Cello Fortress is a unique combination of a game and a live music performance. A cellist defends a fortress by improvising on his cello.

Play EyeWire and shine light on one of today’s greatest mysteries: the connectome.


We’ve landed on the moon, can grow organs and even skydive from space, yet when it comes to understanding the brain, scientists are mostly in the dark. EyeWire is a citizen science game that will radically increase the rate at which neuroscientists discover neural connections and subsequently begin to understand how neurons collectively function, yielding higher level cognition such as visual perception.

Map the 3D structure of neurons by playing EyeWire and become a part of Seung Lab at MIT.

For more, watch computational neuroscientist H. Sebastian Seung (Living Systems DC Salon) explain what the wiring of the brain reveals about genetics, personality, and memory. Seung suggests that complex maps of neural connective structures, or connectomes, will reveal that our experiences literally shape our brains.


The game starts when you pick a side: Democrat or Republican. You can select each balloon and see the text of their tweet above. Your job is to identify party allies, and deflate your political opponents with a well-aimed dart.

Instructions for playing the Hot Air Game. Can’t stop, won’t stop.

Neat gamification of political twitter commentary. 



Play Human Rights Bingo during Wednesday’s presidential debate! Will the candidates address these issues? Download all 4 bingo cards to play along at home.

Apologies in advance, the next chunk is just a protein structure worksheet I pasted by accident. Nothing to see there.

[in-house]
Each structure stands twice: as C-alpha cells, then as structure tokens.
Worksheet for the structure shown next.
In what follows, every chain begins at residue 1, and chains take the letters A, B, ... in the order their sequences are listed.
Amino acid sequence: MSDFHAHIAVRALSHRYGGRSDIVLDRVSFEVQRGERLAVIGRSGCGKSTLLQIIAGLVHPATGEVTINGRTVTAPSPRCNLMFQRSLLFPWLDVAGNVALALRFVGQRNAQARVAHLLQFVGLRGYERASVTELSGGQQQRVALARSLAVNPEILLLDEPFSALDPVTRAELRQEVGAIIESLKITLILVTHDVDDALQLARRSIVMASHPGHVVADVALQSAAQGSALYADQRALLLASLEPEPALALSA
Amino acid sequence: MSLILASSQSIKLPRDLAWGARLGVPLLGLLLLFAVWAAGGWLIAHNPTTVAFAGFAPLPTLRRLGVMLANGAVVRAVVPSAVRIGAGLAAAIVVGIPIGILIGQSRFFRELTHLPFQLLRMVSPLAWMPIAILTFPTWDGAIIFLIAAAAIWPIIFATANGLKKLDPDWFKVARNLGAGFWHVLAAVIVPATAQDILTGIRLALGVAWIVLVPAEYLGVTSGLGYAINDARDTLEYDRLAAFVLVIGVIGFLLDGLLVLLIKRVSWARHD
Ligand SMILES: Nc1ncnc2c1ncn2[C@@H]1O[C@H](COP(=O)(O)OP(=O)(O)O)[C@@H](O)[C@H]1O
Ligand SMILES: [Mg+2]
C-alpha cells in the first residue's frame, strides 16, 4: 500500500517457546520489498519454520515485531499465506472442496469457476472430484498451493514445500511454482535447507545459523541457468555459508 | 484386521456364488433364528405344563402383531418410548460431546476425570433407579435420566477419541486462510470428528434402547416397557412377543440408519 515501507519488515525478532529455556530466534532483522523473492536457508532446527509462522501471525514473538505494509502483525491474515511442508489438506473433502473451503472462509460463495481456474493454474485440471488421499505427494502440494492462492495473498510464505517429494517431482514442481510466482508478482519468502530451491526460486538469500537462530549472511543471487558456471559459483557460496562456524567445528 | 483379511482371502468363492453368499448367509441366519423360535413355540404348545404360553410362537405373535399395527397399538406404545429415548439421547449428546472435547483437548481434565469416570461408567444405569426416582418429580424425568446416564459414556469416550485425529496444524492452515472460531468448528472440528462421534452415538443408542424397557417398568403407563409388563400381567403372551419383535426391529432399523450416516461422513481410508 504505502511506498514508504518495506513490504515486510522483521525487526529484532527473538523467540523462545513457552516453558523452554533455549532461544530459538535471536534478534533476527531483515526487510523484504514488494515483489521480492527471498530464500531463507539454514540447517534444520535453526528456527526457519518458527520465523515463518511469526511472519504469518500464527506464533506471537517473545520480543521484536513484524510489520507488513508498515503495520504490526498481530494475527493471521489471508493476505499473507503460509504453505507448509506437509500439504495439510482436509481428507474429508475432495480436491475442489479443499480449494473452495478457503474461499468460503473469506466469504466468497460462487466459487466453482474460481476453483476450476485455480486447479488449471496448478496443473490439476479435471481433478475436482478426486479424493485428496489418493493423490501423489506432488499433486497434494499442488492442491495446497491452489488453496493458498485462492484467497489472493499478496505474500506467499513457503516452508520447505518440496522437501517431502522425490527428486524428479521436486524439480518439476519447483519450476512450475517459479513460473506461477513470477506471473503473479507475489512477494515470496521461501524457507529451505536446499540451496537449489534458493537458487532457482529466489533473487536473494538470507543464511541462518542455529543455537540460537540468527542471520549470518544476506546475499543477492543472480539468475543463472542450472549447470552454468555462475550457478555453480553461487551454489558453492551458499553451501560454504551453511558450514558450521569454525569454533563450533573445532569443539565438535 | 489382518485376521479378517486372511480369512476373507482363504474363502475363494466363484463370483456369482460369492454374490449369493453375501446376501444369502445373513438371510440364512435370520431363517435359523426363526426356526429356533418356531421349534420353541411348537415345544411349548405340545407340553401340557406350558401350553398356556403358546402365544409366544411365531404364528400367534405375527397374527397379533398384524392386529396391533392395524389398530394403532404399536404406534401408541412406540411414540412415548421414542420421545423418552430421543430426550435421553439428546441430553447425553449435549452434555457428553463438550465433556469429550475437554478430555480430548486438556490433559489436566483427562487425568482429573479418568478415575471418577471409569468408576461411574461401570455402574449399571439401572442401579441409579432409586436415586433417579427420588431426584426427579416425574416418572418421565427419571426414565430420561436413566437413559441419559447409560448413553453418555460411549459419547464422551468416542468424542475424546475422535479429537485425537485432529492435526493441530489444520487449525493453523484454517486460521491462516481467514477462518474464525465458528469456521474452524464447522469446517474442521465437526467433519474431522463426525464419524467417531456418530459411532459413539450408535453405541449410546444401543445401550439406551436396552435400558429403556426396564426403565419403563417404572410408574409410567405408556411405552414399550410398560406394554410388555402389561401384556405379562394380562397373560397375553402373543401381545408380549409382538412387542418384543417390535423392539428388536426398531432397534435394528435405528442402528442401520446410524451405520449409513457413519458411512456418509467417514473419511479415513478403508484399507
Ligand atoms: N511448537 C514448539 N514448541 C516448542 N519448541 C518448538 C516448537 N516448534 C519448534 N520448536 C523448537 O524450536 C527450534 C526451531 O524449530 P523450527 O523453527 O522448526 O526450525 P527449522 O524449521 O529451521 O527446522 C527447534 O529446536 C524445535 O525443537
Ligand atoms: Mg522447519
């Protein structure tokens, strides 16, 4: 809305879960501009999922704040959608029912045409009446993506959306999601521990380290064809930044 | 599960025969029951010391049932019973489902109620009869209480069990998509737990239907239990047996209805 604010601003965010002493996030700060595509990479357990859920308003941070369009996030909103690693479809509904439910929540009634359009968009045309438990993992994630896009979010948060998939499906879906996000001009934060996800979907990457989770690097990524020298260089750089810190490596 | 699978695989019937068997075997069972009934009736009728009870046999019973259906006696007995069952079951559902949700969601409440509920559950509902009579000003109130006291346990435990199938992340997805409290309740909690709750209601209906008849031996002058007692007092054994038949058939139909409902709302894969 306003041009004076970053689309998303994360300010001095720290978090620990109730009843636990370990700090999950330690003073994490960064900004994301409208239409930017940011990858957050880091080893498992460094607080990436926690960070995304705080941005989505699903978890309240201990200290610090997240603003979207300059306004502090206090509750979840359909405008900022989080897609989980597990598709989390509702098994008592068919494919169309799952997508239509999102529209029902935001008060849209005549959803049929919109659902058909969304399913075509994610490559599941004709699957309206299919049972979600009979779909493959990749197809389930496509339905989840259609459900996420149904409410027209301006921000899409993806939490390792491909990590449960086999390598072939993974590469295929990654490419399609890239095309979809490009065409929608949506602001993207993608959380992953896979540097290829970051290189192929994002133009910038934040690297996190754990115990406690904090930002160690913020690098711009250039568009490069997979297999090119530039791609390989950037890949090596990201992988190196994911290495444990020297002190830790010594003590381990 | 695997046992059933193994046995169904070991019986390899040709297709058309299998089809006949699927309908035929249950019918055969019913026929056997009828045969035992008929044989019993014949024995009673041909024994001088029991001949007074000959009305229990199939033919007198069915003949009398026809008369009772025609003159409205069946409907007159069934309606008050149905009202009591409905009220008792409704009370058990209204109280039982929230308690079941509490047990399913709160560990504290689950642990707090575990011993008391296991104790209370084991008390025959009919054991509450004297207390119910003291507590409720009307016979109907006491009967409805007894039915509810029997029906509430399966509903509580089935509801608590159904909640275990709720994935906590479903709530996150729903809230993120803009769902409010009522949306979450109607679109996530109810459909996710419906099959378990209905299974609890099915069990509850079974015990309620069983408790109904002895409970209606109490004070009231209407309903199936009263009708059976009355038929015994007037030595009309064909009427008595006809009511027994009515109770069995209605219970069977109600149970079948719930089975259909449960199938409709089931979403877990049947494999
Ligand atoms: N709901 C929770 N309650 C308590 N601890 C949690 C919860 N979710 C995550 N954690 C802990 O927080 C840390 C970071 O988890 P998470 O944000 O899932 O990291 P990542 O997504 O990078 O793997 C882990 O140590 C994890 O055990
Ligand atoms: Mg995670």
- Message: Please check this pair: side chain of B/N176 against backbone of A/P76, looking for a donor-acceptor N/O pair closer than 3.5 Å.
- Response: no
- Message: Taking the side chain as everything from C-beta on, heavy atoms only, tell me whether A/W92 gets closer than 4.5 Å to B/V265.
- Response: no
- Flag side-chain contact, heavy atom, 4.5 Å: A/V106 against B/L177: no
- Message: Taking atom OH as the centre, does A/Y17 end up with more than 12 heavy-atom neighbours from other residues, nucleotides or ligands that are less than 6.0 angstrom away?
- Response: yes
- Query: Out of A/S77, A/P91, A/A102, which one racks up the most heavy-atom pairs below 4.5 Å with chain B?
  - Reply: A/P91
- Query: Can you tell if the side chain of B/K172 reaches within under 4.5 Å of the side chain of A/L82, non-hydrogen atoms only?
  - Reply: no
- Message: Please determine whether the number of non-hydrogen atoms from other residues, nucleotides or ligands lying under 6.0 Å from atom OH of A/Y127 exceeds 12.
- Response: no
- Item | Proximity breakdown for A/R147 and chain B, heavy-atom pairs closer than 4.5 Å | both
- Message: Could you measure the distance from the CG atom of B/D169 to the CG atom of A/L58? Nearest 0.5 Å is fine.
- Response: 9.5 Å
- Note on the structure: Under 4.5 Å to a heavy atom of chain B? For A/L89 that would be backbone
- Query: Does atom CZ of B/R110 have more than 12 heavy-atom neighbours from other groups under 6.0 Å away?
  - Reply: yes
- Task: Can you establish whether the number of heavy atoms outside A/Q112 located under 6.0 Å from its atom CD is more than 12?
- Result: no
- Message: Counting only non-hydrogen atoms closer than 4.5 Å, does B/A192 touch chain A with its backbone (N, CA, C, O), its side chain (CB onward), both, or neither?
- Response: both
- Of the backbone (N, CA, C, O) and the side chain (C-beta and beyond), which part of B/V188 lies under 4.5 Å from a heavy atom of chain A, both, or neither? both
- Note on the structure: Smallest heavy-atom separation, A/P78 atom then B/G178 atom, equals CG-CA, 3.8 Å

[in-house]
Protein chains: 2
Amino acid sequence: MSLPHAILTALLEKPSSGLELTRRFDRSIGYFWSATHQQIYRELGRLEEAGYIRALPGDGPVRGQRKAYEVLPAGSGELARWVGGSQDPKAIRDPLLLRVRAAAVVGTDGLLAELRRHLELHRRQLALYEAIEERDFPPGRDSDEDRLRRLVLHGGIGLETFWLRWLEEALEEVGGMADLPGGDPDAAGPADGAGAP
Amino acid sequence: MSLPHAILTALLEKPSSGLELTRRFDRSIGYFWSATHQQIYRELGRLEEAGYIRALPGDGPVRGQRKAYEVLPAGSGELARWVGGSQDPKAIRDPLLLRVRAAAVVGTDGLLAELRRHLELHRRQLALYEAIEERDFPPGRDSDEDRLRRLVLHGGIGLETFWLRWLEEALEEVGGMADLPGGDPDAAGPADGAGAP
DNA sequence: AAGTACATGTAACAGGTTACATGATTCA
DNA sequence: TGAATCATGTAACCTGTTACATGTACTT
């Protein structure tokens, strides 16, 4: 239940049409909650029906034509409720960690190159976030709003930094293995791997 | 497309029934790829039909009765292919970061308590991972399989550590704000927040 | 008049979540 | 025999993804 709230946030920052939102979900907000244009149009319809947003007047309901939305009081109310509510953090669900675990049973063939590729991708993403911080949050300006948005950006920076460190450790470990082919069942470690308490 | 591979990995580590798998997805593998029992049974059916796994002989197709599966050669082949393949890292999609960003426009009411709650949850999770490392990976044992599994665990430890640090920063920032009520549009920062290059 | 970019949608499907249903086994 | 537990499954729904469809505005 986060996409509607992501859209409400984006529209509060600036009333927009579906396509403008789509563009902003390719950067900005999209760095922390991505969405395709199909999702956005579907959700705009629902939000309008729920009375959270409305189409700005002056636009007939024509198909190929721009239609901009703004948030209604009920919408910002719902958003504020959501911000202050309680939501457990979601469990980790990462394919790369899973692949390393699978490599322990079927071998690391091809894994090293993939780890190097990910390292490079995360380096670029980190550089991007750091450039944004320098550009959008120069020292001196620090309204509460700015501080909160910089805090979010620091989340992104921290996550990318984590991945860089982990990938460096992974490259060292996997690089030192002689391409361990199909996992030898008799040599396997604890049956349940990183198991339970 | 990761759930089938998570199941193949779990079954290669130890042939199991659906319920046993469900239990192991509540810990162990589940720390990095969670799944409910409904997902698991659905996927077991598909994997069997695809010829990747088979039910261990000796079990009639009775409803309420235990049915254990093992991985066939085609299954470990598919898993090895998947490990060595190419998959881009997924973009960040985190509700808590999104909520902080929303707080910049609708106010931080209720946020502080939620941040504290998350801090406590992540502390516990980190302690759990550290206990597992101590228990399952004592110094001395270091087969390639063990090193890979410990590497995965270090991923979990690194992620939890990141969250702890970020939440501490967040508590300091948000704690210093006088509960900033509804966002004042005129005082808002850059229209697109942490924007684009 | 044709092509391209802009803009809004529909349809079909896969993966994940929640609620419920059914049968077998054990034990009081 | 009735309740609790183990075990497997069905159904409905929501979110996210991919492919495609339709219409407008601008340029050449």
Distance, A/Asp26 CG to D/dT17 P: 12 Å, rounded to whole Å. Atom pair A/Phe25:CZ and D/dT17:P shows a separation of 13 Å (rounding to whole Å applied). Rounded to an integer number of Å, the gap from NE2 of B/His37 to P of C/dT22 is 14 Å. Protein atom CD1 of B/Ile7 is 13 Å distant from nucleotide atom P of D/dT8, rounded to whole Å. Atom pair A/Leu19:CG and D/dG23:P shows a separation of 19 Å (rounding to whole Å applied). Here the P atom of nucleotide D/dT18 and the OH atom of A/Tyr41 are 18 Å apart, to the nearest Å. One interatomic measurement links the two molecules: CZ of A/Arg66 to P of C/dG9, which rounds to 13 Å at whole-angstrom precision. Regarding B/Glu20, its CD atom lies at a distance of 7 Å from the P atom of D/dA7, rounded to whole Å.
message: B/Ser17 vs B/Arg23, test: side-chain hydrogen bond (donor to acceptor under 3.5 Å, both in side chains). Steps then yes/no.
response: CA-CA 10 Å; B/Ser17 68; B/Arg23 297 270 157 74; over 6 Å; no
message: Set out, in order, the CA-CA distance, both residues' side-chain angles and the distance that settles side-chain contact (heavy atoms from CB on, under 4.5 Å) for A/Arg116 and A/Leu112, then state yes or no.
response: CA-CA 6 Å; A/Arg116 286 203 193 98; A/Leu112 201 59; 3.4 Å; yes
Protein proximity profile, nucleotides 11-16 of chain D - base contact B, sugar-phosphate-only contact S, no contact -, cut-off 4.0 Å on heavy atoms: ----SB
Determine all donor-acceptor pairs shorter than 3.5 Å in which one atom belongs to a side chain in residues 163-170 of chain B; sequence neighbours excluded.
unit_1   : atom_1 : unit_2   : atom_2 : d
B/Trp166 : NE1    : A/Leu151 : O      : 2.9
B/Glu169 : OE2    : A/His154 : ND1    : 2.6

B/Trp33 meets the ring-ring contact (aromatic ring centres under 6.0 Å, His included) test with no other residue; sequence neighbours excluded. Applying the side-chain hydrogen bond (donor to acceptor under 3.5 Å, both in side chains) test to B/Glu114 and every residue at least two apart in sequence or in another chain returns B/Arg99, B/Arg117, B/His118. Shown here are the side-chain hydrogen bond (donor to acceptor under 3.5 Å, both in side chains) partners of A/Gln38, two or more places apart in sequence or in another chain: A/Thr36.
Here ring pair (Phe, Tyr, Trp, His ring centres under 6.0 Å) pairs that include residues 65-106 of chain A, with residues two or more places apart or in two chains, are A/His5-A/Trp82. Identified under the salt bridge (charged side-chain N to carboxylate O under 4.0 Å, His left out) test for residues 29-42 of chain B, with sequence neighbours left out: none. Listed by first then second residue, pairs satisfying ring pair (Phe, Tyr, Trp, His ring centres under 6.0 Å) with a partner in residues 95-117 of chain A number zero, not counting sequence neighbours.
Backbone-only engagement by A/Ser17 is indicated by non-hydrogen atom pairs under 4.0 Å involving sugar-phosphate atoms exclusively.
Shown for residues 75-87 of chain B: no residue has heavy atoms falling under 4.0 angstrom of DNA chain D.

Super disappointed that AmnestyUSA didn’t assemble a crack team of gif makers.

I’m joking.

Seeds: A Microlending Game Where Farmville Meets Kiva

Instead of giving your dollars to Zynga to make your virtual farm grow faster, what if the real dollars you invested in a virtual game went to help a real entrepreneur?

Sounds good to us!

"People can solve much more complex problems online. We are at the edge of human knowledge." - Adrien Treuille (2011 PopTech Science Fellow)

Meet eteRNA, your new internet addiction. Not only is it a super-fun way to procrastinate on that thing you should be doing, it also helps to advance biology’s understanding of RNA and its synthesis - in a big way. Scientists from Stanford University and Carnegie Mellon University have developed eteRNA as a successor to Foldit, a popular internet-based game that proved the pattern-matching skills of amateurs could outperform some of the best protein-folding algorithms designed by scientists. They’re hedging their bets that eteRNA will work similarly - and are even funding the real-life synthesis of the weekly winner’s RNA molecule to see if it really does fold the same way the game predicts it should. 

The scientists hope to tap the internet’s ability to harness what is described as “collective intelligence,” the collaborative potential of hundreds or thousands of human minds linked together. Using games to harvest participation from amateurs exploits a resource which the social scientist Clay Shirky recently described as the “cognitive surplus” - the idea that together, as a collection of amateurs, we internet people make a very good algorithm because we react to information presented in a game, get better at it as we go along, and make informed decisions based on what has or hasn’t worked for us in the past.